The music scale calculator will help you find scale notes - be it notes in a major scale, notes in a minor scale, or something more exotic, like the Spanish eight tone scale, you'll probably find it in our long list of music scales.
The calculator also gives the semitone pattern and the numeric formula of a particular scale. While scale notes tell you what sounds you can use within a given scale, the semitone pattern shows what intervals occur in it, and the numeric formula tells you how to build that scale.
If you're interested in music, here are a few other calculators which may be useful:
- Note frequency, speed of sound, and dB calculator - if you're interested in physical properties of sound;
- Streaming Services' Royalties Calculator - if you want to know how much you can earn by streaming your music on Spotify; and
- Fret calculator - if you want to build a guitar (or another string instrument).
How to use the music scale calculator?
The music scale calculator lets you find notes in a scale, the numeric formula, and the semitone pattern. All three results are displayed by default, but in the
advanced mode(below the calculator) you can choose what you want to be shown.
Choose the root note - the first note of a scale, upon which the scale is built. For example, if you're looking for notes in C major, you obviously should choose C as the root note. Skip this step if you don't care about music scale notes and just want the semitone pattern.
Select the category into which you think your scale falls. If you're not sure, check the list of music scales at the bottom of the article (some categories are pretty arbitrary).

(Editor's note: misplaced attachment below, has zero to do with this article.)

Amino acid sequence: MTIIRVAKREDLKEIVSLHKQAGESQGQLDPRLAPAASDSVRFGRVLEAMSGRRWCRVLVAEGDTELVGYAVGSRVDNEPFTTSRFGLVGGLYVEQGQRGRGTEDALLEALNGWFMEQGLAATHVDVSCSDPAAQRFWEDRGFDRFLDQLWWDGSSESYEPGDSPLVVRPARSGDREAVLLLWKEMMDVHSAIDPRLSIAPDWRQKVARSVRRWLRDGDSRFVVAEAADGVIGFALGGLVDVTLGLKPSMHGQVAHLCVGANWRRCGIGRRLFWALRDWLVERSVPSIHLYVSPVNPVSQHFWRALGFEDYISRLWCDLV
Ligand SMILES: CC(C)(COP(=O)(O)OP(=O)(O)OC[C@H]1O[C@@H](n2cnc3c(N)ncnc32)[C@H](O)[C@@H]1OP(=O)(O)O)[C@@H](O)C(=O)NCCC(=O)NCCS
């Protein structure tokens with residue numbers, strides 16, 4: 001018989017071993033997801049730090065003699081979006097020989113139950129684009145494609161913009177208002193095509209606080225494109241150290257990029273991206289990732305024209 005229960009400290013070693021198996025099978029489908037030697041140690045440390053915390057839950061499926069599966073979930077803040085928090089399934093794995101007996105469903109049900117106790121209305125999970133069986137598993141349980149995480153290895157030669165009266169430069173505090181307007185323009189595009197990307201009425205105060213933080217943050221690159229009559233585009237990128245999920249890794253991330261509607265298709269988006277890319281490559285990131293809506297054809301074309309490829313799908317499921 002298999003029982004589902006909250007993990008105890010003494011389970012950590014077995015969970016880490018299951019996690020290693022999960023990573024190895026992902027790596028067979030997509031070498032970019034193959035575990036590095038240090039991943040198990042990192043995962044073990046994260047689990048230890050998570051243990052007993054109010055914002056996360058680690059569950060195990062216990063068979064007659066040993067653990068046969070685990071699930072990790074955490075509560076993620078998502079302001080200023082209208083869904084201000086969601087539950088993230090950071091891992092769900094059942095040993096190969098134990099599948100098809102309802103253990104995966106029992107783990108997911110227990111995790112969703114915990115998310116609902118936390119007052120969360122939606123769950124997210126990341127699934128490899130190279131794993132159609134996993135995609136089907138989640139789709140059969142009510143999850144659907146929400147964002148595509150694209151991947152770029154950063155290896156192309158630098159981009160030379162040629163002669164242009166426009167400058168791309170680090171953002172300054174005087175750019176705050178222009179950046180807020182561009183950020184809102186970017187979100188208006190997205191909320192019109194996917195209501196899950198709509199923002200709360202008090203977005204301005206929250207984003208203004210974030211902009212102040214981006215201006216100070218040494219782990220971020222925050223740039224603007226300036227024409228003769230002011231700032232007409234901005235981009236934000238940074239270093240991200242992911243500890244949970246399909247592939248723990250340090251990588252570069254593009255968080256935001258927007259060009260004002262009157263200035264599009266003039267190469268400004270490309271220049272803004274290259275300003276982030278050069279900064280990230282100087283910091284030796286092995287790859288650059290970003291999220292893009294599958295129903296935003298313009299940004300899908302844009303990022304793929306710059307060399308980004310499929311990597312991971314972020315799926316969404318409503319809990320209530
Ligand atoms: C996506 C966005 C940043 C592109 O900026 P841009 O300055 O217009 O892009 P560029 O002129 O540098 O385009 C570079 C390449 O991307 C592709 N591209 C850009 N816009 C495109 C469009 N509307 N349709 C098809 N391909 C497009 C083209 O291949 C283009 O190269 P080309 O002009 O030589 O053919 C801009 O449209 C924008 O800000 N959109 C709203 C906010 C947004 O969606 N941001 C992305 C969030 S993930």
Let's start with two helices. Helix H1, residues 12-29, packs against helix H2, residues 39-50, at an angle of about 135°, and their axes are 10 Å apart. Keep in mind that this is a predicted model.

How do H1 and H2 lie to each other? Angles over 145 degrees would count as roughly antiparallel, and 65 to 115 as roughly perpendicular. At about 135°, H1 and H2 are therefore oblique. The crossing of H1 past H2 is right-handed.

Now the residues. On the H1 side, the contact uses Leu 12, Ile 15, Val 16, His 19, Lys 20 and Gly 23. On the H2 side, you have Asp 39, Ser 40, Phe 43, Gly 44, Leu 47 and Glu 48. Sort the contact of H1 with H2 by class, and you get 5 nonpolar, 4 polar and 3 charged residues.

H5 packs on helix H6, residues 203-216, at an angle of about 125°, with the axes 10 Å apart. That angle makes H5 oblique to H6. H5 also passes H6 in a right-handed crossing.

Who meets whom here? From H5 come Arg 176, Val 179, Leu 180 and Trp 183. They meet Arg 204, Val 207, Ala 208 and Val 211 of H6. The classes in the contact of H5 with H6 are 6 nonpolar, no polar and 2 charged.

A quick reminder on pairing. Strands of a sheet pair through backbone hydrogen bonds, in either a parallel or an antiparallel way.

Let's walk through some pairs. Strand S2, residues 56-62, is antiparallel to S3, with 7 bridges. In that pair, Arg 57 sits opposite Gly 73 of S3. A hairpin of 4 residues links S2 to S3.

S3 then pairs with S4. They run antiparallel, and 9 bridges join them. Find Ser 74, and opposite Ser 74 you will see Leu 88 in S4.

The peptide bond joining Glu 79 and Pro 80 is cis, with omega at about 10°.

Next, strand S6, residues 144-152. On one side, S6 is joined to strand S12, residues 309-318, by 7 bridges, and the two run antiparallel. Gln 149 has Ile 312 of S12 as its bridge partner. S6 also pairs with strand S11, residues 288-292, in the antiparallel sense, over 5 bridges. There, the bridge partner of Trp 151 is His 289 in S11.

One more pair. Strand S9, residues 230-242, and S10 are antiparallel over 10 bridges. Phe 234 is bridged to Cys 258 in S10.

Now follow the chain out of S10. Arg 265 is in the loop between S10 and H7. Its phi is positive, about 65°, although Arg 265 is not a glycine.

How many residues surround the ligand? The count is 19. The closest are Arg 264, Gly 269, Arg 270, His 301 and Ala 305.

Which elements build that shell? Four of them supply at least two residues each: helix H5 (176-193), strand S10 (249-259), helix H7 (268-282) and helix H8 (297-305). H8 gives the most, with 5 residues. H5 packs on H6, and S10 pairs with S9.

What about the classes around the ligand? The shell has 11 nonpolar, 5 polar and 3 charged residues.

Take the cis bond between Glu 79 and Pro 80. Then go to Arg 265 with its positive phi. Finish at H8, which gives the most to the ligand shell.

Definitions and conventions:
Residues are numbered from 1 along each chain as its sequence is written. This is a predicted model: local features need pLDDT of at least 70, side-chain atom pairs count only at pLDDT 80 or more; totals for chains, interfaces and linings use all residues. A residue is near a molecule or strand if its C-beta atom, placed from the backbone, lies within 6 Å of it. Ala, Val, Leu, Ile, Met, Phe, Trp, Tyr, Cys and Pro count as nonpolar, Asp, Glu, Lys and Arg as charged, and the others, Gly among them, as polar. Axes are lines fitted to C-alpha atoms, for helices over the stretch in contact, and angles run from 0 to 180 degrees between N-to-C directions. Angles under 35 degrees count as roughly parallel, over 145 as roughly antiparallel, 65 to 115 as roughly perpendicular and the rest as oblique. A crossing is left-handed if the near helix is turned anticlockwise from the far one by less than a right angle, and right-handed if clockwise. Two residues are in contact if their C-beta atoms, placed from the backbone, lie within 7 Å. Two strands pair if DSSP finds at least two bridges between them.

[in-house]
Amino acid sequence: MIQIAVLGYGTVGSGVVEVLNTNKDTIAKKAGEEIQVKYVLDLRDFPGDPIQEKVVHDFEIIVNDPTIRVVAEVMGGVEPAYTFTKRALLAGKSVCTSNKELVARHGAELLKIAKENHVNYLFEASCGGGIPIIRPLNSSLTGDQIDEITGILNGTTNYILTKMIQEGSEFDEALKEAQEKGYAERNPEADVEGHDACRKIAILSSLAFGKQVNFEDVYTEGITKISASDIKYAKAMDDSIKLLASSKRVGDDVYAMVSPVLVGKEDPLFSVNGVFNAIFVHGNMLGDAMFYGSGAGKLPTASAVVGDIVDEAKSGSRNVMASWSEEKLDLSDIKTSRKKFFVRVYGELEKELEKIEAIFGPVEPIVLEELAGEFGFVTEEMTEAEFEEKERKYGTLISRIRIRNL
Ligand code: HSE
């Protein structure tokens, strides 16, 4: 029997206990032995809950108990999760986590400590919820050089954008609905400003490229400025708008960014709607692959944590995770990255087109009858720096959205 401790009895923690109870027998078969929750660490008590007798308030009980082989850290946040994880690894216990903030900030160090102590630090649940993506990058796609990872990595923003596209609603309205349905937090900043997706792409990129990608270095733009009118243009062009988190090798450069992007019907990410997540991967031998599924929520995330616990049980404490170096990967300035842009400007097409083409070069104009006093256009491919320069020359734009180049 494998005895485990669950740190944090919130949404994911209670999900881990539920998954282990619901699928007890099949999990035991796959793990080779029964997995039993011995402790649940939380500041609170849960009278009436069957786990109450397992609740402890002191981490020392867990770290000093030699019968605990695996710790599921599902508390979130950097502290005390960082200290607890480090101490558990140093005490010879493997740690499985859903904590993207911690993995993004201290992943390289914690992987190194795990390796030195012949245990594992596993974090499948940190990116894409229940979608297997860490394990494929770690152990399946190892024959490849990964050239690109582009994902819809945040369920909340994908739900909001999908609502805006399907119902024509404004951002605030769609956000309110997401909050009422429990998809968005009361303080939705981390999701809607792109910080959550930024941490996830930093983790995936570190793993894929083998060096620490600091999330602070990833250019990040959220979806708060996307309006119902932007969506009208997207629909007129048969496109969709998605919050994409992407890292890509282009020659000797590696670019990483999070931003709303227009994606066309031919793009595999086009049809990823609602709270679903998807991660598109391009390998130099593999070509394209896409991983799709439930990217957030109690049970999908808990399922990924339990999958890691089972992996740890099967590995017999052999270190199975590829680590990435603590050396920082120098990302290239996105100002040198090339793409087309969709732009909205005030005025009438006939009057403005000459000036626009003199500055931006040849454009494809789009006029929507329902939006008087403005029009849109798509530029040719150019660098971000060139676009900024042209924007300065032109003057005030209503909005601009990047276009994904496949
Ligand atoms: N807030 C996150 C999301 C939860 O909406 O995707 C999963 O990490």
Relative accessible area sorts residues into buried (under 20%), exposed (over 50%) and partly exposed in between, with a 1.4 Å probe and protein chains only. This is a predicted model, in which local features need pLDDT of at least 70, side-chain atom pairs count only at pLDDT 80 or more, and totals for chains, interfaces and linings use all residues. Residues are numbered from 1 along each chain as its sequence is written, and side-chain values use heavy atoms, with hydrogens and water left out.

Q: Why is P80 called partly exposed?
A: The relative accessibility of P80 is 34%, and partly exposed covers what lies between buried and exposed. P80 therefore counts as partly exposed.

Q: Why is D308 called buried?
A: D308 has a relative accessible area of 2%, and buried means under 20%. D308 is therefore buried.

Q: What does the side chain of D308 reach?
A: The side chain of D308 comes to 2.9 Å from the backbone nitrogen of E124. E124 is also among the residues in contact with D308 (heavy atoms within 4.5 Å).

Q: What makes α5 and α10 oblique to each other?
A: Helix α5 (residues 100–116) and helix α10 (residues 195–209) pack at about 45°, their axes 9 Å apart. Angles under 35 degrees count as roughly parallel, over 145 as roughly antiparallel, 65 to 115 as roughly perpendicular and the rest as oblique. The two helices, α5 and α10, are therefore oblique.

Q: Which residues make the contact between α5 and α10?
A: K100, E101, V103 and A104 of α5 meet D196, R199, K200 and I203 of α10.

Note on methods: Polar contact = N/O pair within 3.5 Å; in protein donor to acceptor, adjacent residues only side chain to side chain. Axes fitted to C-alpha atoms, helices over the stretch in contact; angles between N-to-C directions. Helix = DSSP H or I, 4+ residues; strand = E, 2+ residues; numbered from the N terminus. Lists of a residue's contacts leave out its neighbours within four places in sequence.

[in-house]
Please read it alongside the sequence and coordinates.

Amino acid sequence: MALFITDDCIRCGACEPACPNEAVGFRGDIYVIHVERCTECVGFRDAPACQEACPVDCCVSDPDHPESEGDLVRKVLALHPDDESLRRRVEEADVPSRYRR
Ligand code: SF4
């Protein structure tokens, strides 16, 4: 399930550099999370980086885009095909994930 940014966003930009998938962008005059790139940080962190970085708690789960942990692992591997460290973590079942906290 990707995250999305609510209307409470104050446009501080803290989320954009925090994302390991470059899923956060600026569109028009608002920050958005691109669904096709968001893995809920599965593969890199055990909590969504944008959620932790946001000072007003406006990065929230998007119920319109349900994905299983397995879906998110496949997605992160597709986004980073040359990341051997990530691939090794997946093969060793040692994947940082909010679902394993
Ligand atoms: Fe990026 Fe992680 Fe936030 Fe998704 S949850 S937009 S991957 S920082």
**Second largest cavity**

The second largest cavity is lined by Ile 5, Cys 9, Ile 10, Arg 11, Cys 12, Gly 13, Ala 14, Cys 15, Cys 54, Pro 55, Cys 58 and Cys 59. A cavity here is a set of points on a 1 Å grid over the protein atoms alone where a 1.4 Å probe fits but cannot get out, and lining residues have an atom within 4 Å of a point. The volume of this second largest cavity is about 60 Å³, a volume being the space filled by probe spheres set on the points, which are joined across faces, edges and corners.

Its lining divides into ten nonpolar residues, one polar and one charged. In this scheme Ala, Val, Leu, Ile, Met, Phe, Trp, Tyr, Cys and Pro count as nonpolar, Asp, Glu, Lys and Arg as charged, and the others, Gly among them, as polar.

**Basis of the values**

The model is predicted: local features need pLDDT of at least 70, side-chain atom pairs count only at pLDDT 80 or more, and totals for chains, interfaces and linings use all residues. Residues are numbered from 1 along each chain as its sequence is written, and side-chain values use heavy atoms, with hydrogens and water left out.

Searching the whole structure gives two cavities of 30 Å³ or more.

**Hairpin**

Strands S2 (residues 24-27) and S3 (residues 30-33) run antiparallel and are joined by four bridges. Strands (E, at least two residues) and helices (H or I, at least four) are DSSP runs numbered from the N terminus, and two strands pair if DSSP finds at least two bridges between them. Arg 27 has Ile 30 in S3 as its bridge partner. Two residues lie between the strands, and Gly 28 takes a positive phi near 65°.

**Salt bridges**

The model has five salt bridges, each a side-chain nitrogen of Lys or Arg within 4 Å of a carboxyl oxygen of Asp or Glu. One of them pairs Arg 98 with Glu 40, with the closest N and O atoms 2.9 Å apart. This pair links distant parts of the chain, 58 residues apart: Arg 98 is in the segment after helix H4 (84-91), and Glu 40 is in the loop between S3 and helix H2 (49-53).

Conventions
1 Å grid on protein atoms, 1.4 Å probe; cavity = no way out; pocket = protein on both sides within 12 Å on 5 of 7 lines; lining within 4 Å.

Pick the name of the scale.
Check the results at the bottom - scale notes, the numeric formula, and the semitone pattern.
Read on to find out what the numbers in the formulas mean and how to build scales.
Notes in a major scale
Let's have a look at the semitone pattern of the major scale:
2, 2, 1, 2, 2, 2, 1
The digits represent the number of semitones (half steps) between consecutive notes (called degrees of a scale). 1 means one semitone, 2 means two semitones (a whole tone), 3 means three semitones, and 4 means two whole tones.
The major scale pattern above says: there are 2 semitones between the first and the second note of the scale, 2 semitones between the second and the third note, 1 semitone between the third and the fourth, and so on.
Let's build an A major scale using the above pattern:
- First note is the root note - A.
- Second note has to be 2 semitones (a whole step) higher than A, so it's B.
- Third note - from B we go another step up. Between B and C there's a half step, so we need to raise C by a semitone. You get C♯.
- Fourth note - 1 semitone up from C♯ is D.
- Fifth note - 2 semitones up from D is E.
- Sixth note - 2 semitones from E is F♯.
- Seventh note - 2 semitones from F♯ is G♯.
- Eighth note in the major scale is just the first note again - A.
This way we found the notes in A major scale:
A, B, C♯, D, E, F♯, G♯, A
How to find notes in a scale?
Using the numeric formula, you can build scales based on the major scale. The numbers in the numeric formula stand for the degrees (notes) of a scale. 1 is the root note, 2 is the second note, and so on.
The accidentals next to the numbers tell you whether you should raise (♯) or lower (♭) the note of a major scale to get the target scale. If you have two sharps/flats, you raise/lower the note by a semitone twice.
Let's build a C minor scale:
The starting point is C major which you can build using the semitone pattern:
1:C 2:D 3:E 4:F 5:G 6:A 7:B 8:C
(The first note is C, the second is D, and so on...)
Then we check the formula for the natural minor scale:
1, 2, ♭3, 4, 5, ♭6, ♭7, 8
Now we apply the formula for the minor scale to major scale notes:
- First note doesn't change, it's just 1 so C.
- Second note also stays D.
- Third note - there's a flat sign next to the 3, so we have to lower the third note of C major scale - E - by a semitone. We get E♭.
- Fourth note stays the same - F.
- Fifth note stays the same - G.
- Sixth note - ♭6 means we lower A by a semitone. We get A♭.
- Seventh note - we lower B and get B♭.
- Eighth note stays C.
Here's the result - C minor notes:
C, D, E♭, F, G, A♭, B♭, C
The list of music scales
Here is the alphabetical list of music scales included in the music scale calculator and the categories they are assigned to: